9. What goes around comes around - If you offer up your two pennies worth, don't be surprised if you get some back.  Be prepared and give the person a chance to give you some feedback on the criticism they have just received.
When you are on the receiving end.
It's no fun when you are constantly pulled up for things, when you need a little direction and all you get is pushed around.  The one thing I always think about when I am receiving criticism is what are they trying to tell me?  Are they just picking fault or do they have a valid point? in other words, I need to keep an open mind and try to understand their perspective. 
  1. Relationships are a two way process, everyone is entitled to their opinion and it is up to you whether you choose to acknowledge or ignore it.  If you ignore any feedback or criticism, you leave yourself open and blindsided, try to take in the experience and see what you can learn from it, constructive criticism can improve relationships and communication between people. 
  2. Two heads are better than one, by understanding what you are being told enables you to think up new ways of improving and bettering the object of criticism.
  3. Don't switch off, yes it is hard when you are on the receiving end but some people will start off with the 'bad' news before 'delivering' the good so actively listen and try to understand what you are hearing.
  4. If it seems personal, it doesn't mean that it is.  Some people are not very good at expressing or explaining themselves.  If you aren't sure whether they have a valid point, paraphrase to reiterate what you are hearing, ask the questions that enable them to explain it in a different way e.g. "I understand that this doesn't work for you, can you explain the reasoning behind your thinking?" or "If you were to approach this what steps would you take?".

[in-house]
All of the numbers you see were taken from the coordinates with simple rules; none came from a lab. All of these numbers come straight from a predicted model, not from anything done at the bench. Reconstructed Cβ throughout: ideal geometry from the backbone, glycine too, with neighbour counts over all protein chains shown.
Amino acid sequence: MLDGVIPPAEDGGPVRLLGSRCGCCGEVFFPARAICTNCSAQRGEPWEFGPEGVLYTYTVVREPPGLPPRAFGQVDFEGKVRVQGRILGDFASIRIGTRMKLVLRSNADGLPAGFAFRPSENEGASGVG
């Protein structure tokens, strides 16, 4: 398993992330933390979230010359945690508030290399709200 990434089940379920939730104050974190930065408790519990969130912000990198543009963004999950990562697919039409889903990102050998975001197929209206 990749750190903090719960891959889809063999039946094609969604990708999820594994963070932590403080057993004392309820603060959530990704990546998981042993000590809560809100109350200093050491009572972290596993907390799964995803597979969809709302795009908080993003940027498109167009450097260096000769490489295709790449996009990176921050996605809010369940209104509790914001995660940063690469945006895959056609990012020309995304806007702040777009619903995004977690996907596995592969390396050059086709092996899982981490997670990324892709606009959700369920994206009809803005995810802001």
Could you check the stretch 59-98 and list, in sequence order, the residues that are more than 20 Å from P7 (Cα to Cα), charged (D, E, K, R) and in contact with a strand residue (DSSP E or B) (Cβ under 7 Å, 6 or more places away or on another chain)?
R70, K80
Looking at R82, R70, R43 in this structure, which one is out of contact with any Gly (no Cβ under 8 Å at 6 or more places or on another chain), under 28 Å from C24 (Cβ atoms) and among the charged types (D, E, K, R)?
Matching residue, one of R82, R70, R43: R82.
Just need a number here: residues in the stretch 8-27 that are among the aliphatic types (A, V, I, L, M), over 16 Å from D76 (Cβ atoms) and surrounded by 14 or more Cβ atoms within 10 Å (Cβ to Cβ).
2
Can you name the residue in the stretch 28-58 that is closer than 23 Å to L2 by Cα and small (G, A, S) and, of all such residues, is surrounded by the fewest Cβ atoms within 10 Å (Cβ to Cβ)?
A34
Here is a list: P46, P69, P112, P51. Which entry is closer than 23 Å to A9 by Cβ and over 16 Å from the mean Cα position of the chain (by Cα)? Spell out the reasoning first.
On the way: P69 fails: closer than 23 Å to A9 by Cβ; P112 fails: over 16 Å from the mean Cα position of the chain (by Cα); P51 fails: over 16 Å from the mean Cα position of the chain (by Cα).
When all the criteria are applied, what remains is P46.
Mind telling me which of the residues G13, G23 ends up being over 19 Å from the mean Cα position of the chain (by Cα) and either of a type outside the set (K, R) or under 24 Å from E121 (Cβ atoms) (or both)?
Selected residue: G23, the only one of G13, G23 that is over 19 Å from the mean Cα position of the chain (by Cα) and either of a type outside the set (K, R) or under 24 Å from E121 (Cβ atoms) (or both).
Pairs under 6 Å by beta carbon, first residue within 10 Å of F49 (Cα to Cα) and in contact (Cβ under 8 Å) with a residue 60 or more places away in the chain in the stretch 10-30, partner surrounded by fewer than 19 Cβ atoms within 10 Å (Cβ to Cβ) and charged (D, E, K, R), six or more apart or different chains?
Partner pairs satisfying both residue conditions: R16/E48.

5. Don't retailiate, it is very hard when you are on the receiving end not to become defensive, but if you jump too early, you may miss some valid points.  Sometimes even in the most absurb criticism a brilliant idea can be formed but if you are dismissing everything you could miss this opportunity. 
  6. Turn it round, don't allow criticism to make you feel less or down, focus on the other person's actions and use it to take ownership and make your own decisions based on the conversation.
  7. Use it to your advantage, even if you walk away at the end of the day with nothing but a feeling of well that was pointless, use the time to rethink how the process was, why do you feel that way? Could you have done something to change the direction and potentially leave feeling like you got something out of it instead.
  8. Communication is key, if you do not feel the criticism is valid, you have a right to advise the other person but think honestly about whether their criticism is timely, specific and what you can do to change things before you speak.  If you can back up how you feel with specifics then it will be easier for you to explain why.
I see it so many times and I have to admit, having managed people defining the art of constructive criticism takes time and practice.   There are so many variables to take into consideration, I am fairly thick-skinned so someone could say something to me and I would not take it any more than just their opinion, however I have worked with people who would fly off the handle and get really upset or annoyed by a comment.  If we just took a little time to think about what we say and how we say it, regardless of whether it's an opening statement or a response we would get a lot further in collaboration and the generation of great ideas.

How to Build Your Network